“Emotional learning may be quick, but what we consider as ‘expertise’ usually takes a long time to develop. The acquisition of expertise in complex tasks such as high-level chess, professional basketball, or firefighting is intricate and slow because expertise in a domain is not a single skill but rather a large collection of miniskills.”
I’m hypothesizing that an expert security analyst is similar to other experts, and therefore possesses many many “miniskills.” When we strive for improvement, we should strive for improvement in the details, and that is what will set the final product (or analysis in this case) apart.
“It is wrong to blame anyone for failing to forecast accurately in an unpredictable world. However, it seems fair to blame professionals for believing they can succeed in an impossible task. Claims for correct intuitions in an unpredictable situation are self-delusional at best, sometimes worse. In the absence of valid cues, intuitive ‘hits’ are due either to luck or to lies. If you find this conclusion surprising, you still have a lingering belief that intuition is magic. Remember this rule: intuition cannot be trusted in the absence of stable regularities in the environment.”
Beware of experts and their intuitions! Think skeptically, and ignore forecasts which are unfounded!
“The damage caused by overconfident CEOs is compounded when the business press anoints them as celebrities; the evidence indicates that prestigious press awards to the CEO are costly to stockholders. The authors [Malmendier and Tate] write, ‘We find that firms with award-winning CEOs subsequently underperform, in terms both of stock and of operating performance. At the same time, CEO compensation increases, CEOs spend more time on activities outside the company such as writing books and sitting on outside boards, and they are more likely to engage in earnings management.’”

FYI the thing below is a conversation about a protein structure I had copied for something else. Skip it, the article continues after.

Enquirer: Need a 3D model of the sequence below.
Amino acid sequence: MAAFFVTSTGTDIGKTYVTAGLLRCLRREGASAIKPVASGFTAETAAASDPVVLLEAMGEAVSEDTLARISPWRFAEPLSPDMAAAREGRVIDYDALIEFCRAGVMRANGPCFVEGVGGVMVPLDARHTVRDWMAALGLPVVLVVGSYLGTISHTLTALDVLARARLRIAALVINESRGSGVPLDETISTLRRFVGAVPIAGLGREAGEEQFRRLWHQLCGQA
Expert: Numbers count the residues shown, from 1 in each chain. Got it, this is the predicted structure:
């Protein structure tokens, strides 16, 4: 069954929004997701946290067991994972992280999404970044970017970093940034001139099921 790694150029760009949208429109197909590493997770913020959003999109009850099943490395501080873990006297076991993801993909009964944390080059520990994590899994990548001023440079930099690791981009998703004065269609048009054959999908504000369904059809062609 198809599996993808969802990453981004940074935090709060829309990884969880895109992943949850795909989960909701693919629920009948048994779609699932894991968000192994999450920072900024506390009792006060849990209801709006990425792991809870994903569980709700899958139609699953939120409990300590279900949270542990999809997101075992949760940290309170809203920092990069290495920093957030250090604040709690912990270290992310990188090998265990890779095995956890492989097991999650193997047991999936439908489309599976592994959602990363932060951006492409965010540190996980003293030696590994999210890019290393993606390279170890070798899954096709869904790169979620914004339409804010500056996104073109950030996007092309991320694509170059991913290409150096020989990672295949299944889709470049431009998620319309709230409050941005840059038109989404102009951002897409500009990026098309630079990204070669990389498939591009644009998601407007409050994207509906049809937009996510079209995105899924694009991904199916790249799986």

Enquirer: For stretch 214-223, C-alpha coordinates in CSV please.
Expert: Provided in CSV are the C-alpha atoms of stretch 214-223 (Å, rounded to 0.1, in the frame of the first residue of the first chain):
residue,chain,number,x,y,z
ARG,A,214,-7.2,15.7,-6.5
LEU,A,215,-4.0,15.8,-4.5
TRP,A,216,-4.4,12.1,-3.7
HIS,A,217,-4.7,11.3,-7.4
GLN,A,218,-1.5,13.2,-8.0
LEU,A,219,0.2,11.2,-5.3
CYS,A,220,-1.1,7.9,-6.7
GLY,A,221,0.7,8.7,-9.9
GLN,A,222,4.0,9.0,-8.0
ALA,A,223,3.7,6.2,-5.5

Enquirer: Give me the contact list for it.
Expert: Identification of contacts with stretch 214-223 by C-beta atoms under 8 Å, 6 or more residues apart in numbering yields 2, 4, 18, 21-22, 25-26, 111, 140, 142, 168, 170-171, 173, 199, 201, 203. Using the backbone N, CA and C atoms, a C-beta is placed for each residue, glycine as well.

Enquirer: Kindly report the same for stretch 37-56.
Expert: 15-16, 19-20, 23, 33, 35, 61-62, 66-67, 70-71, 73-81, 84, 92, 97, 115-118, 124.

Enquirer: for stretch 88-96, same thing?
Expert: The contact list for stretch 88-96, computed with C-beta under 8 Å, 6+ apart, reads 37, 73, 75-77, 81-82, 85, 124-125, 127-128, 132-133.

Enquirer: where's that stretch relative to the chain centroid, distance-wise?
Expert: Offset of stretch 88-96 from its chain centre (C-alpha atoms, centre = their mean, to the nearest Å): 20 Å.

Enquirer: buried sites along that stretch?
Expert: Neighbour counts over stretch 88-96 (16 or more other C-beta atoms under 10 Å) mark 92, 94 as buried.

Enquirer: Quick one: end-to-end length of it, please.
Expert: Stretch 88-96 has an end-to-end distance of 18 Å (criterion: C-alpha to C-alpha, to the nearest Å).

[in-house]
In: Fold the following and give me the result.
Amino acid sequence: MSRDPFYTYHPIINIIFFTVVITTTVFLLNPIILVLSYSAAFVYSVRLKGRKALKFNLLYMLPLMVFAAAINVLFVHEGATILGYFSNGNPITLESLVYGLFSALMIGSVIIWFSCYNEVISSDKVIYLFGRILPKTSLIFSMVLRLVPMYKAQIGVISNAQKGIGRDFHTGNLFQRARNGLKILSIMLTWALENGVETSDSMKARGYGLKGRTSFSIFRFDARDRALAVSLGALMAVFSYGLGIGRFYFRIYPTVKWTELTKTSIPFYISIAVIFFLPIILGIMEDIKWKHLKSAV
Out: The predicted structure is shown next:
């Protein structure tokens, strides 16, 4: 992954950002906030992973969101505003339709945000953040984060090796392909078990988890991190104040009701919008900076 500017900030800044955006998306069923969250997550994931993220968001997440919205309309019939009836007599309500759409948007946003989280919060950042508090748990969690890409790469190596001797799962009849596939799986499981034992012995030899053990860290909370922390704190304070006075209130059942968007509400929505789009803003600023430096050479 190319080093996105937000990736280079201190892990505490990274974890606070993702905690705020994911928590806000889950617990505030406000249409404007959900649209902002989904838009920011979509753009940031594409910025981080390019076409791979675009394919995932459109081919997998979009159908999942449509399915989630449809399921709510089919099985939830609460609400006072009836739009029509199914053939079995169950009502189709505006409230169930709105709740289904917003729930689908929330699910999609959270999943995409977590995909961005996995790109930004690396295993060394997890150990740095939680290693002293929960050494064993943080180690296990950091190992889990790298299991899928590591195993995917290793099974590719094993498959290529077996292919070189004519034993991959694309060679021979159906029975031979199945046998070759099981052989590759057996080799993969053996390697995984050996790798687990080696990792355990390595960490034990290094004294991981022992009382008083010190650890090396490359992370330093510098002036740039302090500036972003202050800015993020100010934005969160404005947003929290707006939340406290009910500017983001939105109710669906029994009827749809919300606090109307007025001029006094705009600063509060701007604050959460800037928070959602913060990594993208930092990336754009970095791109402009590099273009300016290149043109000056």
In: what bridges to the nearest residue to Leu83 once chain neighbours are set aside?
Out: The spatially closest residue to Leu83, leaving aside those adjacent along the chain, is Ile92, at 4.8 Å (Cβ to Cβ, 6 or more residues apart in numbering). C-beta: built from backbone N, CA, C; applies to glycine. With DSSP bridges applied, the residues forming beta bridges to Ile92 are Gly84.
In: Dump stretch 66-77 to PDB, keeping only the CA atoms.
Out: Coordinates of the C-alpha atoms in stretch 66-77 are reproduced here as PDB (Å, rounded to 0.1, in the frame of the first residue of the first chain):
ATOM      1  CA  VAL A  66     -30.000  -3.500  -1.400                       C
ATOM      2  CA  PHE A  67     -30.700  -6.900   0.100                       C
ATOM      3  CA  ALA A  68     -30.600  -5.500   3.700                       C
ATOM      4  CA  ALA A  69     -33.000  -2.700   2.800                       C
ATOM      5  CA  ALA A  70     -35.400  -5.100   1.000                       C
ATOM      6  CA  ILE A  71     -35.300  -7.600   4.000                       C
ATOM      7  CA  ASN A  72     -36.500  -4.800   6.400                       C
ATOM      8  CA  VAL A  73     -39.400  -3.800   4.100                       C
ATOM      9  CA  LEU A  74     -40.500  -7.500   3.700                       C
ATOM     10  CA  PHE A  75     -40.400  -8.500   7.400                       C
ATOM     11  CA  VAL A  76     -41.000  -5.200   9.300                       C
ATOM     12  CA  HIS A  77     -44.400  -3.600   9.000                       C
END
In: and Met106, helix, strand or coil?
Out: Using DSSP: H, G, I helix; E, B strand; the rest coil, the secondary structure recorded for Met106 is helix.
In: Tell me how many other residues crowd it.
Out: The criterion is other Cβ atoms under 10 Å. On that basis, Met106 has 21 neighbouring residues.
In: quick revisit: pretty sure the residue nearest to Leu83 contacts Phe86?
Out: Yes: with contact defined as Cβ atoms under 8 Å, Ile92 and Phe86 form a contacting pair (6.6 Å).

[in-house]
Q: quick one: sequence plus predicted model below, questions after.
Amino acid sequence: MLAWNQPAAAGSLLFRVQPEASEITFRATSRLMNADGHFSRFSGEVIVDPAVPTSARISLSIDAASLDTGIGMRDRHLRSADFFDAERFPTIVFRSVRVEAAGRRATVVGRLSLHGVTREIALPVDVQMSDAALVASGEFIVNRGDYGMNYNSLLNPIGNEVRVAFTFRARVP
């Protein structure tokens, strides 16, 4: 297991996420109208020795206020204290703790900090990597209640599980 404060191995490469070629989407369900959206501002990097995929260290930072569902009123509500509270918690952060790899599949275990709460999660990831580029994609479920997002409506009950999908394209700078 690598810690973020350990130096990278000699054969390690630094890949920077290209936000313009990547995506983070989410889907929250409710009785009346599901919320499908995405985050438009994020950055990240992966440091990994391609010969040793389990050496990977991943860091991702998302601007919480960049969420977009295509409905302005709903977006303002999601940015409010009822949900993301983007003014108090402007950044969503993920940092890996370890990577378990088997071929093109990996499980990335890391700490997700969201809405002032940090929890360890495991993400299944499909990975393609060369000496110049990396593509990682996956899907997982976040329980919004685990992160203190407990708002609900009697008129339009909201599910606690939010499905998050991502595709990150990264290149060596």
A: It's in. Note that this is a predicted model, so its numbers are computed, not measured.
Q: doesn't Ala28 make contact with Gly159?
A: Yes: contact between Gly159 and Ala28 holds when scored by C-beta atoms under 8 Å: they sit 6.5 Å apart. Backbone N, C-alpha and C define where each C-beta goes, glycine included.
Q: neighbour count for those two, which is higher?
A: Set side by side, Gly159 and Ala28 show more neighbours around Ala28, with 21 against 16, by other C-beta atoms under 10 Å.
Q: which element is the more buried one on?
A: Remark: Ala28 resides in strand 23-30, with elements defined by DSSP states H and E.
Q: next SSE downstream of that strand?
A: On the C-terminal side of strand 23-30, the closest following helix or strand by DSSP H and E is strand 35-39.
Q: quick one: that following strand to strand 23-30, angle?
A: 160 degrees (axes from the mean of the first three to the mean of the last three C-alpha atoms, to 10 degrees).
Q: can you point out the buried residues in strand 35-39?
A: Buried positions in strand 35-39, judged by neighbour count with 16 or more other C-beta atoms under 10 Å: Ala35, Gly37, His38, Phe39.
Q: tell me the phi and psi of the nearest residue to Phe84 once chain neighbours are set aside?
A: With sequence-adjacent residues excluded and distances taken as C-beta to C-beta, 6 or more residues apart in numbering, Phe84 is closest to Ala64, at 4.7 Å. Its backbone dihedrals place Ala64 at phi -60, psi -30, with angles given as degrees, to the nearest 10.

I thought this was really interesting. Perhaps value investors should be on the look out for overconfident CEOs, especially when CEOs having been recognized for being outstanding by receiving awards or seem to be especially involved in activities not related to the company.
“Both in explaining the past and in predicting the future, we focus on the causal role of skill and neglect the role of luck. We are therefore prone to an illusion of control.
We focus on what we know and neglect what we do not know, which makes us overly confident in our beliefs.”
There is an element of luck in investing performance, and that is undeniable. The second sentence of this quote is incredibly important for all investors, and is a difficulty that an investor should always be aware of. Overconfidence in your beliefs will most likely result in foolish investments.
“The successful execution of a plan is specific and easy to imagine when one tries to forecast the outcome of a project. In contrast, the alternative of failure is diffuse, because there are innumerable ways for things to go wrong. Entrepreneurs and the investors who evaluate their prospects are prone both to overestimate their chances and to overweight their estimates.”
Put a little extra effort into making sure you give those less desirable possible outcomes of an investment their proper weighting when determining an investment’s attractiveness (because we have a tendency to do the opposite).
Well, those were my very selective highlights from these two books!
Thanks for reading!